Phillips Gallery, The Brewhouse Theatre
Taunton, May / June 1998
of Paintings by Karen Lixenberg
The brochure promised a
"dynamic visual experience" which proved to be no
exaggeration. Vivid reds and blues make much of her abstract
work breathtaking; triangles and circles of colour that draw
the observer into the piece at the same time as appearing to
jut out into the room, making it seem an incredibly
interactive affair. There is much use of a grid-work
superimposed over the cloudlike swirls of pastel hues in other
pieces, which left me with the impression that I was peering
through a bizarre set of gateways into alternate
Karen is also a talented
figurative artist and much of her early work reflects this. In
several pieces the subject of the painting is connected to
masks, my favourite in this vein being the clown-child who is
juggling the theatrical masks of joy and sorrow. All very
symbolic, I muttered to myself hoping to seem like I knew what
I was on about.
There was another painting that
particularly put my grey-matter into gear: 'Crucifixion'. This
depicts two naked forms, one male, one female. The woman is
leaning back onto the man, with her arms stretched out. Ah, I
self-consciously asked myself, is her crucifixion the act of
surrendering to the male, or surrendering to love itself?
It was then that I decided I was
taking my role far too seriously and that I should let Karen's
powerful images speak for themselves ... it is clear that they
are extremely capable of doing so.
Spike, Art Scene,
There has been some difficulty in
getting suitable work to fit the dimensions of the Phillips
Gallery but Karen Lixenberg's work in scale at least fits the
Karen, a figurative artist, has in
the past drifted, she says in her catalogue, towards amore
abstract approach. Why an artist moves in a certain direction
can be known to them, but evolution is always a healthy sign,
a part of the perpetual discontent that compels the best
Karen Lixenberg's exhibition is a
thoughtful one and is divided into the figurative and the
abstract. The abstract forms she chooses are mainly geometric
and the more fiercely they adhere to this the better they are.
'Mandala' and 'Crack' are lucid in their form with 'Horizons'
showing strength in the receding use of imagery that provides
a treble think on the subject that is immediate and
self-explanatory. 'Elemental Shift' maintains this high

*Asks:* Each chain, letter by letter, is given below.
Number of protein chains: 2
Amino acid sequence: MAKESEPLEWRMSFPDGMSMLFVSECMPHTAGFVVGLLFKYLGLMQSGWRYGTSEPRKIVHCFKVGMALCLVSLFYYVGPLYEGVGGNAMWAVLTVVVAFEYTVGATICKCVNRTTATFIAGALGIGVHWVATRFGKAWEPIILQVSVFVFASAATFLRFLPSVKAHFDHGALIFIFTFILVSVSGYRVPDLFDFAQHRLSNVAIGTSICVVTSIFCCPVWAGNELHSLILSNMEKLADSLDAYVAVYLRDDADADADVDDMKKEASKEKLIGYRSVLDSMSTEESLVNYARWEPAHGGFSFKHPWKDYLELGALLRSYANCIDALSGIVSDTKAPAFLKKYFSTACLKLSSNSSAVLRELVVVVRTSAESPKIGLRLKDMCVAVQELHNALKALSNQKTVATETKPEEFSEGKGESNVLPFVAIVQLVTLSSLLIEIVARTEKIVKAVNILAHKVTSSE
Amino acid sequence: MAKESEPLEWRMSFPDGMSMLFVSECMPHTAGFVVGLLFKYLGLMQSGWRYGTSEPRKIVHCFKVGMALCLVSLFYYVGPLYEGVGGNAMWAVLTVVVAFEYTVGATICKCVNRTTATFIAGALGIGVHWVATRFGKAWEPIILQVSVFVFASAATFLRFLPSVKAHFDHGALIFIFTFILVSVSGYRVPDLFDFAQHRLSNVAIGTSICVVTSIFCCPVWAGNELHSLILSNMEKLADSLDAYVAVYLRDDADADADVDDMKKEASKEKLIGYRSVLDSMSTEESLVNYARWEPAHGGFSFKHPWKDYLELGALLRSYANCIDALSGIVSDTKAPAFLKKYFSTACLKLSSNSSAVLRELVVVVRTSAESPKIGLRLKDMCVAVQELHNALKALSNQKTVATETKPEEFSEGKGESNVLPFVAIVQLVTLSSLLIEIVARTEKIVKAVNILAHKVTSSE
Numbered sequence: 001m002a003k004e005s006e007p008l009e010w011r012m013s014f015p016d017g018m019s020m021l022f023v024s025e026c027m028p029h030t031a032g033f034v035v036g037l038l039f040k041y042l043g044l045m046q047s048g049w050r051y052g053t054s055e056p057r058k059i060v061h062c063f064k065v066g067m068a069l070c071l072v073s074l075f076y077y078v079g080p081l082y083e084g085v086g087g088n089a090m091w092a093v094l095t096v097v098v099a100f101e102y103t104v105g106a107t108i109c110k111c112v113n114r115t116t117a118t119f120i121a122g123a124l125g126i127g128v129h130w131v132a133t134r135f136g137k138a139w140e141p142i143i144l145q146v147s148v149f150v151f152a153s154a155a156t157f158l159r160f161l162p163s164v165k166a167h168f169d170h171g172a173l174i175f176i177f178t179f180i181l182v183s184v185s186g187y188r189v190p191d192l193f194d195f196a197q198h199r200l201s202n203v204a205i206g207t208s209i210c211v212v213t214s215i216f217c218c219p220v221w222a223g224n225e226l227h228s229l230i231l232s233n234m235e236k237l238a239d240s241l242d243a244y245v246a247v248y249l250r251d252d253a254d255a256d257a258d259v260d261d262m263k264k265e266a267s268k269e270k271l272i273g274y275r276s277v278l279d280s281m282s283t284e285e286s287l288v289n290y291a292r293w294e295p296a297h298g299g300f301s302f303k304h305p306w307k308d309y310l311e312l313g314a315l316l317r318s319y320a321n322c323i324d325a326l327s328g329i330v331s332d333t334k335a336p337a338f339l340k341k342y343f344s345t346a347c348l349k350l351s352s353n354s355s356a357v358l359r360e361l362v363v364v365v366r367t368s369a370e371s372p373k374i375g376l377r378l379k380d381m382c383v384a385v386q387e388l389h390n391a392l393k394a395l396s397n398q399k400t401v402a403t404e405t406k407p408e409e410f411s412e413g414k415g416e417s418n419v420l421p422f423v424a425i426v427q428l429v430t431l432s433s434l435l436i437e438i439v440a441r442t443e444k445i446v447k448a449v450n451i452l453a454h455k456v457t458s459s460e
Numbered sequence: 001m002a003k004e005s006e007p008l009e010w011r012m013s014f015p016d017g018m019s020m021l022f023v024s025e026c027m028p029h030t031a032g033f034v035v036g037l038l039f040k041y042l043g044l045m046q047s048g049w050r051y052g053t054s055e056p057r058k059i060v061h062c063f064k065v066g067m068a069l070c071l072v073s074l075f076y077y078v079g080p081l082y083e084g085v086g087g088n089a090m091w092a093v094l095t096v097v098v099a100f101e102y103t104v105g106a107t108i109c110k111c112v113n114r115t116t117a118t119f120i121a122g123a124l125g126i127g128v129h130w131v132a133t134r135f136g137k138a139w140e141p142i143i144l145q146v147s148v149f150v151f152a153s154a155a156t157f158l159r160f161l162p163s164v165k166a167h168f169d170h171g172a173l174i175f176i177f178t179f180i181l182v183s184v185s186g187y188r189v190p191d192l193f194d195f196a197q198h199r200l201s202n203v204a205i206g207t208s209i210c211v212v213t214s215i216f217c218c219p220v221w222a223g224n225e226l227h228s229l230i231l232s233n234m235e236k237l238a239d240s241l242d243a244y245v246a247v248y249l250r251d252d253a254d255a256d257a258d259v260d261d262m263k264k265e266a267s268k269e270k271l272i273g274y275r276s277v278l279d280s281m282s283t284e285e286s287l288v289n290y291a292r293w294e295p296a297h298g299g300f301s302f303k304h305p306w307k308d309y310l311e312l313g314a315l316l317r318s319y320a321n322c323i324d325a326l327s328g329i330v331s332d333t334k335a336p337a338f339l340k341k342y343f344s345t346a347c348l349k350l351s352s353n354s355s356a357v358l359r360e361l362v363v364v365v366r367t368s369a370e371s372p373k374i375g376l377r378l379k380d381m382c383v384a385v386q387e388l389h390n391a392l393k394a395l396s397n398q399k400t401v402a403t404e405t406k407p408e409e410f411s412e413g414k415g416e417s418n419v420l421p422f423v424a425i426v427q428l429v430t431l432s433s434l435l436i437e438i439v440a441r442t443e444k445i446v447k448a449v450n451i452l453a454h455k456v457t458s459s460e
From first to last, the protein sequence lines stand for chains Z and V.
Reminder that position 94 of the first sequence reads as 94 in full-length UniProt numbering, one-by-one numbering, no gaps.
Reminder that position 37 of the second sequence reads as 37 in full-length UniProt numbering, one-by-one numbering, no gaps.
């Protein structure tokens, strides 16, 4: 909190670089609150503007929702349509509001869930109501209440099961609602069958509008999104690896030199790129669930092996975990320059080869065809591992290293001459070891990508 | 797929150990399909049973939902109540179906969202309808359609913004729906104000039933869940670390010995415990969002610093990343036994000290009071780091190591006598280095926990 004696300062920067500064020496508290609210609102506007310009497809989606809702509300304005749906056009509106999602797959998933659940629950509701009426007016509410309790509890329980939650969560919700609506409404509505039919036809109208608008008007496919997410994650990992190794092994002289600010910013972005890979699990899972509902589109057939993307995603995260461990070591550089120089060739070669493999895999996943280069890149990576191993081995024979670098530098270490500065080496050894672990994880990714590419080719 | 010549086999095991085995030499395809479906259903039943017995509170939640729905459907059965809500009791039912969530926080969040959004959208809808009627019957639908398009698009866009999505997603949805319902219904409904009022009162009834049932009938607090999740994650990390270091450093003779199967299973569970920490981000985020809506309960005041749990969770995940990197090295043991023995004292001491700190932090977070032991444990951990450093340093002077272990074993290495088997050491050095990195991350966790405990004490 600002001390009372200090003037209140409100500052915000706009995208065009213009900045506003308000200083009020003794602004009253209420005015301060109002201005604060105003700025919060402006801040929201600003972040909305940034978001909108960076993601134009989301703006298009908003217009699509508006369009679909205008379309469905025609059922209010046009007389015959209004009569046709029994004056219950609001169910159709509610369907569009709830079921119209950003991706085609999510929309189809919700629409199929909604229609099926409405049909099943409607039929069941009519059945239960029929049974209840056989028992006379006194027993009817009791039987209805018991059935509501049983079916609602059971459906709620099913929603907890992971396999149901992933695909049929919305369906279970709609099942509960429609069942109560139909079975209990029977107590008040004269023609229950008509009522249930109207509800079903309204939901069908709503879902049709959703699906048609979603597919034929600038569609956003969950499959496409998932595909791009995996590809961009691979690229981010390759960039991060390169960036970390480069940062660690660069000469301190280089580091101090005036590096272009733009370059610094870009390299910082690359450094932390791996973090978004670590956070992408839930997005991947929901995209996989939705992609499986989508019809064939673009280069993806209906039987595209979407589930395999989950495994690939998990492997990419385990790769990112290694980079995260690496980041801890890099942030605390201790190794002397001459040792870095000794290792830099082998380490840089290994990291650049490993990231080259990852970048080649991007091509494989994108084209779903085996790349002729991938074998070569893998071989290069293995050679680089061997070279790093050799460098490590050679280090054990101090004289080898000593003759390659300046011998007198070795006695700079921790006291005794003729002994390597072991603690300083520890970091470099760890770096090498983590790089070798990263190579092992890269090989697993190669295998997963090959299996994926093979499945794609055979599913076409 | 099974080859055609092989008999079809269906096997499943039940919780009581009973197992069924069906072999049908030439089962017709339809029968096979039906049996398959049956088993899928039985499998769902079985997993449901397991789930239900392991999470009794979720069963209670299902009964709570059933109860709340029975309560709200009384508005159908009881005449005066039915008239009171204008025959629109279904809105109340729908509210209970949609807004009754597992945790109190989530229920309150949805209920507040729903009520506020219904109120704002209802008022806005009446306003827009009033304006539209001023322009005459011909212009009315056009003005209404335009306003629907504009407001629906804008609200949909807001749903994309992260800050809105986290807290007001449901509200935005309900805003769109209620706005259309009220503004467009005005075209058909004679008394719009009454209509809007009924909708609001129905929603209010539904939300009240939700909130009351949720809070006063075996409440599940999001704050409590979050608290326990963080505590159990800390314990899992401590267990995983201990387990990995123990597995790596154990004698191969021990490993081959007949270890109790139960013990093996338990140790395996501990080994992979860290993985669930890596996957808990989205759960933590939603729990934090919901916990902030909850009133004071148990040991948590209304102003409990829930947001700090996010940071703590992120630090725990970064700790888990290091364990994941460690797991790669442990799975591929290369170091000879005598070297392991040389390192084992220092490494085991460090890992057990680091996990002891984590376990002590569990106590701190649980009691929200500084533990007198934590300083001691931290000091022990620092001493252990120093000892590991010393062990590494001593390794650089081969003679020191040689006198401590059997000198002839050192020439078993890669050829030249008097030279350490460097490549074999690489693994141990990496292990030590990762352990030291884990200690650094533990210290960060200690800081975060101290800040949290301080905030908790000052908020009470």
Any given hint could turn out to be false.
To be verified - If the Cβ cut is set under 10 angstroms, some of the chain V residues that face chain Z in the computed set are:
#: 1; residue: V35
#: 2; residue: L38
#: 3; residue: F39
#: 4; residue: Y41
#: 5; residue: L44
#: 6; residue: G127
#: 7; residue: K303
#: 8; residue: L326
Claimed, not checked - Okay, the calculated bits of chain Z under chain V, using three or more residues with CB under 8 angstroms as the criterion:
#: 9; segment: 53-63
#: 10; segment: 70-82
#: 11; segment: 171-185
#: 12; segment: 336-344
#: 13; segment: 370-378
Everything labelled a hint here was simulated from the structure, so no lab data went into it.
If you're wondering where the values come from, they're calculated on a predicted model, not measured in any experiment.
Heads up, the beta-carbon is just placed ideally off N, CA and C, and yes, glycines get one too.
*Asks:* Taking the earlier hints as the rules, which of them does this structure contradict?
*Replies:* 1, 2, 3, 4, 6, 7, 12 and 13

standard whilst 'The Balloon' is an extremely original angle
on what could be a mundane subject. yet in the midst of this
splendid hard edge work 'Musical Score' and 'Day On the Beach'
fall into the snare that waits for many abstract artists with
work that ends up looking like textile design.
'Kaleidoscope' and 'Curved World'
are a return to top form, yet inter-spaced with this is the
figurative work, none of which has the same bite. In fact this
almost seems to be the product of another artistic life,
'Drummers' and 'Holding the Universe' only going to prove that
modern versions of mythology and religion fail to tap into the
latent power that produces a Sistine ceiling.
The subject matter and treatment
of such subjects has a strong folksy feel that nevertheless
has the grim undertones where the real and unreal meet. 'The
Mask Sings', 'The Juggler', and 'The Family' all have a
self-preoccupation within the frame that makes them aloof and
sinister as though they have existence and purpose totally
unconnected with our own. The subject matter overcomes the
brownness of the treatments yet if there is a lack in the
exhibition it is the colour. There is a preponderance of the
same brown, Indian red and lots of blue. This, not Madonna
blue, not technicolour blue, or even sky blue but a colour
that heads towards turquoise, making it less than friendly to
Yet Lixenberg skates over this
problem via her content and precision; should the colour in
her abstract begin to sing, she could then become a very
formidable artist indeed.
Somerset County Gazette, May 29, 1998